And having got this far in our analysis of the planet’s yearly cycle, it becomes easy to spot two more days that are similar and equally important. Each spring, there comes a day when the hours between sunrise and sunset are exactly equal to the hours between sunset and sunrise. And we call this the “vernal equinox”. Likewise, there comes a day each fall when the hours of darkness and the hours of daylight are exactly in balance. And we call this the “autumnal equinox”. It cannot be overstressed that the importance of these four days lies in the fact that nobody ‘made them up’; rather, they are simply a part of how this planet works.
It is reasonable to assume that even the most primitive of humans noticed this change in the hours of daylight, and the consequent change in the seasons. One can well imagine the anxiety in the mind of the “noble savage” as he witnessed the dwindling hours of daylight each autumn. And the sense of relief he must have felt when the year “turned the corner” at the winter solstice, and the days started to grow longer again, promising that spring would indeed return. Is it any wonder then that the oldest astronomical alignment of which we have a record points to the sun’s position in the sky on the winter solstice? And this is in a burial mound in Co. Meath, Ireland.
In fact, the relatively new science of archaeoastronomy underlies much of what has been discovered about the Old Holidays. Megalithic sites such as Stonehenge, for example, have clear alignments to both the summer and winter solstice, and the vernal and autumnal equinox. Nor are such alignments confined to the British Isles; indeed they can be found the world over: from the pyramids of ancient Egypt to the ancient temples of China; from the cliff dwellings of the Anasazi to the temples of Peru. The two solstices and two equinoxes must certainly be the oldest holidays known to humans, and they were known worldwide. Folklorists refer to these four days as the “quarter days”, inasmuch as they quarter the year. Astrologers know them, too, for three zodiac signs fit neatly into each quadrant, beginning with the first day of Aries at the vernal equinox. And modern Witches tend to call them the four “Lesser Sabbats” or “Low Holidays”.
The four “Greater Sabbats” or “High Holidays” of the Witches’ calendar may seem slightly less obvious at first. Essentially, they bisect the quarters we have already discussed, falling at the midpoint of each. For this reason, folklorists refer to them as the “cross-quarter days”. With these in place, the circle of the year begins to look like an eight-spoked wheel, which is a sacred symbol in many ancient religions. Because these four days are not as firmly marked by terrestrial events as the solstices and equinoxes, some writers have been led to speculate that they are derivative, and that their observation evolved at a much later stage of cultural evolution. Yet, although they may not be completely contemporaneous, their great antiquity was quite recently underscored by the discovery in Ireland of earthwork alignments of the sun’s position on the horizon for each of the cross-quarter days! That means that the holiday we today call “Halloween” has been celebrated as far back as megalithic times!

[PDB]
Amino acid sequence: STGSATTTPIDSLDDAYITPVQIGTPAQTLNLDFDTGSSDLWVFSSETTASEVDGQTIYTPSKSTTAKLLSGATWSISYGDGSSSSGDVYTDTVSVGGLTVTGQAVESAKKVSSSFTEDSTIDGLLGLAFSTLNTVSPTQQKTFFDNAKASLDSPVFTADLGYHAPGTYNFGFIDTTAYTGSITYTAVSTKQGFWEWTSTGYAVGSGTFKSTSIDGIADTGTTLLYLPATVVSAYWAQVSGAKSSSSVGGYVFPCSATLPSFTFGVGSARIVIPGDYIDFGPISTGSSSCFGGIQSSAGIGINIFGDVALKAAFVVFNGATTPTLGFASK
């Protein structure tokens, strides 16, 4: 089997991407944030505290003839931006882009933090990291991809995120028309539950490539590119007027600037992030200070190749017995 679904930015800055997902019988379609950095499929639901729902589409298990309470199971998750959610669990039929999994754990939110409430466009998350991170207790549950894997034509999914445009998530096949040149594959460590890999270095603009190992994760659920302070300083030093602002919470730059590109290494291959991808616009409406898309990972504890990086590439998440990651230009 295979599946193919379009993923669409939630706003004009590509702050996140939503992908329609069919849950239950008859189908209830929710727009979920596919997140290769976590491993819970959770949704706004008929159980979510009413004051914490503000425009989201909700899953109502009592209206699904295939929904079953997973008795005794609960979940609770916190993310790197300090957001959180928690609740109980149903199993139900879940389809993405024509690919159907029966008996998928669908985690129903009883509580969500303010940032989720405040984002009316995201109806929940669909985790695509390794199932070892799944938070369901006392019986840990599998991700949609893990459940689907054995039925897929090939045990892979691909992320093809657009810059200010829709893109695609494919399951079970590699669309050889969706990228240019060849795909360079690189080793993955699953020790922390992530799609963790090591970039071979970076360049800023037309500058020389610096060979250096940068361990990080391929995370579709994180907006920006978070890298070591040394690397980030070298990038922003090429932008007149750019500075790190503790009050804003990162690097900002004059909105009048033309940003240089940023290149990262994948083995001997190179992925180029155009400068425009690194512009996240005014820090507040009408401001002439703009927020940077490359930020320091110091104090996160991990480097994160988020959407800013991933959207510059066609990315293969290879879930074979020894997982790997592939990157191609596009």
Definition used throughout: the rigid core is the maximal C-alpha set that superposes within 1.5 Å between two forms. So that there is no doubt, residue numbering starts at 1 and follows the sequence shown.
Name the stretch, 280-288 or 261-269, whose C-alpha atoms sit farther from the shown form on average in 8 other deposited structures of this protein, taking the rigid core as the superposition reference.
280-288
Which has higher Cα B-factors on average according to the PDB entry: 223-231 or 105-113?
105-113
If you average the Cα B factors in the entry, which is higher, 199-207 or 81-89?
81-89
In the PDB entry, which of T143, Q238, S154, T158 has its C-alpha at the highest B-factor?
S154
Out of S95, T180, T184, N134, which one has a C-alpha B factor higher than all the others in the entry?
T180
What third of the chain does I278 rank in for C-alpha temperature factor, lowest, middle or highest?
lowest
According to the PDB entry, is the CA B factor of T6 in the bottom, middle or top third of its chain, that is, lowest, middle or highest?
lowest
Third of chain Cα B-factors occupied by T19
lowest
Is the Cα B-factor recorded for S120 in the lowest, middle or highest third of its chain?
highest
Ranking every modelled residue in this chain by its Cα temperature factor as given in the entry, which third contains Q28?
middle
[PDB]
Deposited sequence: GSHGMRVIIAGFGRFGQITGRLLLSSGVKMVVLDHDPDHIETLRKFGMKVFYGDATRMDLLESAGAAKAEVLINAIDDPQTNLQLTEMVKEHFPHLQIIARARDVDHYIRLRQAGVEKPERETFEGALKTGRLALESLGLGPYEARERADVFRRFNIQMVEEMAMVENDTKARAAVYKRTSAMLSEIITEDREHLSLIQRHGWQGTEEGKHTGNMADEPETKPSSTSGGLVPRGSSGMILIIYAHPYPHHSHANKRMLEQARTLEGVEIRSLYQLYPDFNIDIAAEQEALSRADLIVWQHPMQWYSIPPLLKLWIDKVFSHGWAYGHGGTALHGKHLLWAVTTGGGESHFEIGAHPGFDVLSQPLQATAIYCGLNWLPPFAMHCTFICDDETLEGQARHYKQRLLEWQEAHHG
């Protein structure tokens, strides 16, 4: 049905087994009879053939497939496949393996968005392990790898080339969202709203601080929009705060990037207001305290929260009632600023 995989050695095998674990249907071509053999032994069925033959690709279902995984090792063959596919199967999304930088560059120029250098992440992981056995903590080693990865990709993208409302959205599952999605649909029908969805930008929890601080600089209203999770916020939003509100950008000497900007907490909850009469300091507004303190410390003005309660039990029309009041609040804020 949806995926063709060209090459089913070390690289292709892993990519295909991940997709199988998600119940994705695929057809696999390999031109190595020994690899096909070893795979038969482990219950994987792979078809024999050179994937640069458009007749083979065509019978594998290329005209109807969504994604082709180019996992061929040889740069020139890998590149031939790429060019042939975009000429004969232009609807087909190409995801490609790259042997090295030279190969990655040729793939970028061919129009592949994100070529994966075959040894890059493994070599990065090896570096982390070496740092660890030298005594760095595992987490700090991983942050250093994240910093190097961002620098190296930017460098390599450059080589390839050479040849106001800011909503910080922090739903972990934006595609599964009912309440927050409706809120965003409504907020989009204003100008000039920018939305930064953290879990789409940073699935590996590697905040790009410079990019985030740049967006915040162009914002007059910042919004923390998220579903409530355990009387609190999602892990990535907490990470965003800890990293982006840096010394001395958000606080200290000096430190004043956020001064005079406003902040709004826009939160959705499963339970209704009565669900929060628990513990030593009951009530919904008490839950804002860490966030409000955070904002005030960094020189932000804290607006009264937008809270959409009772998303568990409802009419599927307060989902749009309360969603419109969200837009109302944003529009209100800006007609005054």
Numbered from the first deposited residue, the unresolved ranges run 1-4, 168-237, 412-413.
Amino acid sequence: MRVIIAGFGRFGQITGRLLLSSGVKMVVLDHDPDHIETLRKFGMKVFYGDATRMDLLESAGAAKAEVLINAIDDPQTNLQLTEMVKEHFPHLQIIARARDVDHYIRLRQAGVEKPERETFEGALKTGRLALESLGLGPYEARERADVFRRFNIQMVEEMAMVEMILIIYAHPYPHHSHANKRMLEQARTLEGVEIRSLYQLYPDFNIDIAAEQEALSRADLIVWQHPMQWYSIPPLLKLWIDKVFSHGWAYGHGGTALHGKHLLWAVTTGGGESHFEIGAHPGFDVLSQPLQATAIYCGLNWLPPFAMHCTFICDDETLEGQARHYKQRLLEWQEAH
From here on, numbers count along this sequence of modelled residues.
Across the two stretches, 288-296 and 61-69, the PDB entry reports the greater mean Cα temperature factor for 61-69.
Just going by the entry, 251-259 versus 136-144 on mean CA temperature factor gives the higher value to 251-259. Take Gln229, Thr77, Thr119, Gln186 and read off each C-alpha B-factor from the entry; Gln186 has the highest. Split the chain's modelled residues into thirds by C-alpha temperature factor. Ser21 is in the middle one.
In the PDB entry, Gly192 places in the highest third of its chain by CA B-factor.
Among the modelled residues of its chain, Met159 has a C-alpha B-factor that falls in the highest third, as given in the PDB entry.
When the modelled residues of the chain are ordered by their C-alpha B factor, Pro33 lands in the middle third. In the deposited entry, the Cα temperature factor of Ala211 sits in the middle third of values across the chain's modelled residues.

That the cross-quarter days should be regarded as more important than the solstices or equinoxes should come as no surprise. It is a common human experience that things reach their greatest strength, their moment of peak energy, at their midpoint. In observing a human life, for example, a person is usually at the apex of health and vigor at a point about halfway through his mortality. So, too, with most other things in nature. So, too, with each quarter of the year. The cross-quarter days can thus be seen as the four “power points” of the year. Consequently, those power points were marked by the four most important holidays of the Witches’ year which, according to the old folk calendar, also marked the turning of the seasons. These also correspond with the tetramorph figures of the zodiac, and were later adopted by Christian tradition as the sigils of the four Gospel writers.
Whenever I am asked what things make a Witch’s worldview different from other people’s, one of the first things I think about is the Witch’s sensitivity to the cycles of nature, especially the cycles of the moon and sun. In our modern world, insulated as we are from the progress of the seasons, we can go to the local supermarket and buy veggies and fruit year round, without consideration of what is “in season”. Still, a Witch can usually tell you where she is in the course of the year, or what phase the moon is in. (Incidentally, the word “Sabbat” was originally Babylonian and was used to designate the quarter days of the lunar cycle – full, new, first and last quarter – thus occurring about every seven days. It was only later that the ancient Hebrew people borrowed the word and used it to denote a day of rest and prayer, occurring every seventh day without exception.)
And nothing can keep a modern Witch in tune with the cycles of nature like observing the Old Holidays. I can still remember the feeling I sometimes got as a child that a particular night during the year was somehow special, charged with magic and power, alive and responsive to my inner thoughts and desires. Like Halloween night (always my favorite holiday) in some ways, but different too, and occurring at other points of the year. I never knew why such nights occurred, but I knew they had to be celebrated, by placing candles on the front porch railings, creating mysterious shadow plays where the light of an old incandescent street lamp fell on the side of the garage, or playing hide-and-seek with the neighborhood kids, the wind helping my running. Or maybe an impromptu weenie roast (always a good excuse for building a big bonfire) was called for. I can’t prove it, of course, because I didn’t keep a diary, but I’d be almost willing to bet that I had stumbled onto the Old Holidays, vestiges of their primordial power still echoing down through the centuries.
Finding out more about these ancient holy days has been a lifelong labor of love for me, and I sincerely hope that the gleanings of my own research into these mysteries will kindle in my readers that same sense of magic and grounding or “connectedness” with nature that I have always experienced when contemplating the Old Holidays.